Thanks in no small part to COVID-19, we have found ourselves in a golden age of conspiracy theories. With so much still unknown about the novel coronavirus, whenever we add a piece to the pandemic puzzle through evidence-based medicine and research — especially if the new information contradicts our earlier thinking — it’s understandable why some people question it. To complicate matters further, we all suffered through the initial mixed messaging about wearing face masks, not to mention confusion over the purpose of quarantining and the timing of various lockdowns, reopenings and, now, re-closings. This is all to say that with what we know about COVID-19 changing so rapidly, it’s no wonder it can be difficult to know what to believe.
On Sunday’s episode of Last Week Tonight with John Oliver, John Oliver addresses COVID conspiracy theories head-on, including offering suggestions for how we can most effectively communicate with people in our lives who believe them. Here’s what to know.
Ask yourself these three questions about your information
Before trying to convince someone that they’re wrong, Oliver recommends that we ask ourselves three questions to ensure we’re approaching our own information critically. “It’s going to be incumbent upon us as individuals to try and stop these theories and treat them with a sceptical eye before we believe, or indeed, spread them around,” he explains. Here’s what we need to consider:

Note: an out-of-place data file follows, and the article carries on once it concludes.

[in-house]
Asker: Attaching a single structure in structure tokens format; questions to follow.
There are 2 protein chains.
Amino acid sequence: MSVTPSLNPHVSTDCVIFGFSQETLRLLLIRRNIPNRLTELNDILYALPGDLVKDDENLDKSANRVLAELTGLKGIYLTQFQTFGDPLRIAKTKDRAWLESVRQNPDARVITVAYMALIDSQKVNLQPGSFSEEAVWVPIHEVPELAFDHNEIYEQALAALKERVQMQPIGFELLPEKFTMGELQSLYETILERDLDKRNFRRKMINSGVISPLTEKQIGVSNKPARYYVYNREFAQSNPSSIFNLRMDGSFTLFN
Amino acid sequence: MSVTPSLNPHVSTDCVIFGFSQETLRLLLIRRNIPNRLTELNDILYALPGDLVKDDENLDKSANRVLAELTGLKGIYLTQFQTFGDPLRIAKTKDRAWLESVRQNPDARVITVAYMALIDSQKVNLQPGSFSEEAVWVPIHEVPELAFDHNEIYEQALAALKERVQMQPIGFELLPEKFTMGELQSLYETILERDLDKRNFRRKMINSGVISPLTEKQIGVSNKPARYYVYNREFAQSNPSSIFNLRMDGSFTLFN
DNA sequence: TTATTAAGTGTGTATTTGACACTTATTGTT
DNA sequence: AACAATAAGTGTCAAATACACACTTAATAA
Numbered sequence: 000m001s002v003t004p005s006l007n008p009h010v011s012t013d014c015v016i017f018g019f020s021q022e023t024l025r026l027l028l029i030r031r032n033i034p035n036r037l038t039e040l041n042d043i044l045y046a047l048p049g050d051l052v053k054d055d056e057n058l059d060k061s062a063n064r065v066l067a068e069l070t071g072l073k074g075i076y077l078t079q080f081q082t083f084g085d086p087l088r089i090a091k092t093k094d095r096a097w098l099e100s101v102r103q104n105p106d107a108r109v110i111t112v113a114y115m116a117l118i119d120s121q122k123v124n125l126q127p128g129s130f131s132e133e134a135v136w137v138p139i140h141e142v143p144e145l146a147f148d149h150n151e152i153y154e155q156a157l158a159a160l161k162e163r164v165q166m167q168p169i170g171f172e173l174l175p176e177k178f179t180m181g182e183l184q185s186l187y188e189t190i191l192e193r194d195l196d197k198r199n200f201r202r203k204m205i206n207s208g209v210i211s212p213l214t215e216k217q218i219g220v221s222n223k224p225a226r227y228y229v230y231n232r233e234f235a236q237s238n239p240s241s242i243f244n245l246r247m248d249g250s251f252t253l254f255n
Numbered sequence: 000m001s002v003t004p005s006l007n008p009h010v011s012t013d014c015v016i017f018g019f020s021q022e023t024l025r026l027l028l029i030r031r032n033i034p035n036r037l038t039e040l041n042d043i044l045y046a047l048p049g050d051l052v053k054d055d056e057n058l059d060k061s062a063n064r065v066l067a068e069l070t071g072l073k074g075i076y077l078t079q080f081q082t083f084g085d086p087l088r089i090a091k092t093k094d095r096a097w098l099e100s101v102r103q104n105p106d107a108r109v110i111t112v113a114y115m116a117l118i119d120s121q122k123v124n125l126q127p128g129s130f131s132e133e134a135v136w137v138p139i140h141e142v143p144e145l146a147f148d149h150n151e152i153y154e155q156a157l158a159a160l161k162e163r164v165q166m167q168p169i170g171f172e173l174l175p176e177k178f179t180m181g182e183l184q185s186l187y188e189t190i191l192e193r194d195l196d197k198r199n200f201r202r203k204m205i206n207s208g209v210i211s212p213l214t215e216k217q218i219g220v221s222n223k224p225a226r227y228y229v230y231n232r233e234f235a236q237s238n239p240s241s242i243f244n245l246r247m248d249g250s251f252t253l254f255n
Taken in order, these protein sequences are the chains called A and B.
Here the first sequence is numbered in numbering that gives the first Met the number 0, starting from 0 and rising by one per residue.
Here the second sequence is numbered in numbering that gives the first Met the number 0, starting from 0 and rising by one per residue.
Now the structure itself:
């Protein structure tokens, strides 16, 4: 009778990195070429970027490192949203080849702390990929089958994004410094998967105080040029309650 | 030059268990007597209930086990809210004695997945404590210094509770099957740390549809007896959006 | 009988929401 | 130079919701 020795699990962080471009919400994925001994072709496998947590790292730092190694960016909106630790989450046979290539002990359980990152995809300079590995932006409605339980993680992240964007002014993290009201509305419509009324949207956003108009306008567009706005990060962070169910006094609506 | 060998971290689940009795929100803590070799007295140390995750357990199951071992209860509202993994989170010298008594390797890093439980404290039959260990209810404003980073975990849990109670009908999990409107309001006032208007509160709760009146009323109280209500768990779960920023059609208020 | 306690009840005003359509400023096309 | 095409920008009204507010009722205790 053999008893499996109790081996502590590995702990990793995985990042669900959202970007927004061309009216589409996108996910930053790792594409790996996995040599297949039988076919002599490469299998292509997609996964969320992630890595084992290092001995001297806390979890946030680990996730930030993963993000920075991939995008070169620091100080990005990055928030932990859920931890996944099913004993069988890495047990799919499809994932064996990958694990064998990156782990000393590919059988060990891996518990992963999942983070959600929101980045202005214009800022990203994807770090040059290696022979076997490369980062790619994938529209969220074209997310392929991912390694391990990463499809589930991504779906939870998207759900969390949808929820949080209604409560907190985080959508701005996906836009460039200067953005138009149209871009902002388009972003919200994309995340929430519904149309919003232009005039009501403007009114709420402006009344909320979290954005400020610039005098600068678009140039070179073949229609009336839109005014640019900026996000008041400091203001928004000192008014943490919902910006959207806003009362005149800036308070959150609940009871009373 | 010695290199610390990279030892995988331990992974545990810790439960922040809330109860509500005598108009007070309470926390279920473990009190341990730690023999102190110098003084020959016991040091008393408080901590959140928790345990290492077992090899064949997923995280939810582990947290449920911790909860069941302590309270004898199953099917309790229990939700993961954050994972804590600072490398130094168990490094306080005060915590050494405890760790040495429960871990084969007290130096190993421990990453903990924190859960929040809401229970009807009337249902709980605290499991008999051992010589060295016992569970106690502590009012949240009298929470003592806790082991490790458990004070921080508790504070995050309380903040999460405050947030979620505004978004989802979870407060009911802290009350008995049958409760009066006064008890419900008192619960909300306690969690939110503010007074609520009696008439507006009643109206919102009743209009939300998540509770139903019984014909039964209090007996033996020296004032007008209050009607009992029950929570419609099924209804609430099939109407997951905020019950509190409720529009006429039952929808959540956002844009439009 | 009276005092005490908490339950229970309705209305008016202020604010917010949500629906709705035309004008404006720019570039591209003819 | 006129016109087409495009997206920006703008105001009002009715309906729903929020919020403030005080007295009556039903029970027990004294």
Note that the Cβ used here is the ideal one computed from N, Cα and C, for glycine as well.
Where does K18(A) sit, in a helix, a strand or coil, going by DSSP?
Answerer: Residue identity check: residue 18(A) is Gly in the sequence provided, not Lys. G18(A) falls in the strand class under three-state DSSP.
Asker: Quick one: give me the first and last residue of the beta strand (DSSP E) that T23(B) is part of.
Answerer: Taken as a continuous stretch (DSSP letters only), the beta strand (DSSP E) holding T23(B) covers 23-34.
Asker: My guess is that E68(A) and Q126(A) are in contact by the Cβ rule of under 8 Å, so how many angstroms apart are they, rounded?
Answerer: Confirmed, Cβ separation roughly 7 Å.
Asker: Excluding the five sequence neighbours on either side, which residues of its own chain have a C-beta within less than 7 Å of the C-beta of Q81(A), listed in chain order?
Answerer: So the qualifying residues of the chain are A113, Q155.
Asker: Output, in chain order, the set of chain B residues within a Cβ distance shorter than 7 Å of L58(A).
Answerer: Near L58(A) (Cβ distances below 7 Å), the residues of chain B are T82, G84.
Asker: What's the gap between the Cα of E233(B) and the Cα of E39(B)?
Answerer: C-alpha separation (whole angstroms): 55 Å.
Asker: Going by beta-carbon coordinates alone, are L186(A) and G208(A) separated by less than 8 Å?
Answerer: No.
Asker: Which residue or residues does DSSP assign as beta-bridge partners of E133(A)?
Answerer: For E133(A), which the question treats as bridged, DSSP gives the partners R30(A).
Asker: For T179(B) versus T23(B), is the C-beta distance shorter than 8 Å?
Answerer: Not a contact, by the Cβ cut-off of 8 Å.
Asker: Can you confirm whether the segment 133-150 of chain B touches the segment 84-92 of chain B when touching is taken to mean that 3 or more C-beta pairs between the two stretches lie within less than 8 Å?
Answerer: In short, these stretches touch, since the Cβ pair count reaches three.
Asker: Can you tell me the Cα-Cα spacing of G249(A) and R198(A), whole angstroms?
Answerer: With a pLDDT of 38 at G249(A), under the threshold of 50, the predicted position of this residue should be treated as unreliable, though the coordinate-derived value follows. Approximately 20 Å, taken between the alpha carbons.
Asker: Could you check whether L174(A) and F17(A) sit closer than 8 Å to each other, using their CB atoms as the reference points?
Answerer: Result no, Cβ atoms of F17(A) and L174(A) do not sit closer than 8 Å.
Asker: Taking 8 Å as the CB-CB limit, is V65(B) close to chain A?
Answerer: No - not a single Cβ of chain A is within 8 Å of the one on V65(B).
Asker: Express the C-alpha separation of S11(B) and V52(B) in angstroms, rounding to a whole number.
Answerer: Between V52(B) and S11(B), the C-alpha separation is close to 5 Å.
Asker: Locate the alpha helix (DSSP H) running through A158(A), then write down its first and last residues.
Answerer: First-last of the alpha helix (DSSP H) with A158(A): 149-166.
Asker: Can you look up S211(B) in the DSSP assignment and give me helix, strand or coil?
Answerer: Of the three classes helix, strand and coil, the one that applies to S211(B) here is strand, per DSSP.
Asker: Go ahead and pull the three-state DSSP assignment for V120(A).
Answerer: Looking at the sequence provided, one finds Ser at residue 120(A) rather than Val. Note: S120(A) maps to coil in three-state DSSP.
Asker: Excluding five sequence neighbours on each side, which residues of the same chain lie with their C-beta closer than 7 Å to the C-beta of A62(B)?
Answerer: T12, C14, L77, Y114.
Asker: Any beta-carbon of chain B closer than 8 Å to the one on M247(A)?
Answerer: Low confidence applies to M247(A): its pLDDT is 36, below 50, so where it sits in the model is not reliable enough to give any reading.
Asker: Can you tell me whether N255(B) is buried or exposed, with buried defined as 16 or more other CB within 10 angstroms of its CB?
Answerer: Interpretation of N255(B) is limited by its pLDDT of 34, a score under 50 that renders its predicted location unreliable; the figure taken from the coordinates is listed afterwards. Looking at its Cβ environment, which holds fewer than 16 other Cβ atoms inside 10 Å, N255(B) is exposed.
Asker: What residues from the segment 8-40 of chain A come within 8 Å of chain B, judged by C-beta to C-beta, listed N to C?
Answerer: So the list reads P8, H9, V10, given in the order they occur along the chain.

- Is there a rational, non-conspiracy-based explanation?
- Has this been held up to scrutiny by experts, and if so, what did those experts say?
- How plausible is this conspiracy as a practical matter?
In the episode, Oliver goes into additional detail as he answers each question and provides examples:
Use empathy, not shame
Now let’s say your own belief in something as a fact has passed the three-question test above, and you’ve encountered someone who is genuinely convinced that a conspiracy theory is the truth. If you’ve attempted to have these conversations before, you know that it doesn’t typically end with the other person changing their mind and thanking you for enlightening them.
Even though having a reasonable conversation with someone who doesn’t find science convincing may be a challenge, Oliver says that at this point, we can at least try. “You can’t reach everyone, but you can reach some, and now, more than ever, it might be important for you to try — which clearly is not easy,” he says.
Oliver emphasises that how you approach the person is also incredibly important; namely, you need to communicate using empathy, not shame. “What experts say is that the most effective way to approach someone is not by shaming them for believing something, or overwhelming them with counter-evidence, but to try and be empathetic, meet them where they are, and nudge them to think a bit more critically,” he explains.
Is it your job to personally seek out people who believe everything they saw in “Plandemic” or that 5G is causing the coronavirus? Definitely not. But if you happen to know/love/come across someone who might be a COVID conspiracy theorist or who is just not sure which news sources to trust, Oliver’s techniques could potentially make a difference.
If not, he has also enlisted trusted celebrities like Alex Trebek, Catherine O’Hara, Billy Porter, Paul Rudd and John Cena to record brief PSAs about the importance of critical thinking, all of which can be found on TheTrueTrueTruth.com.
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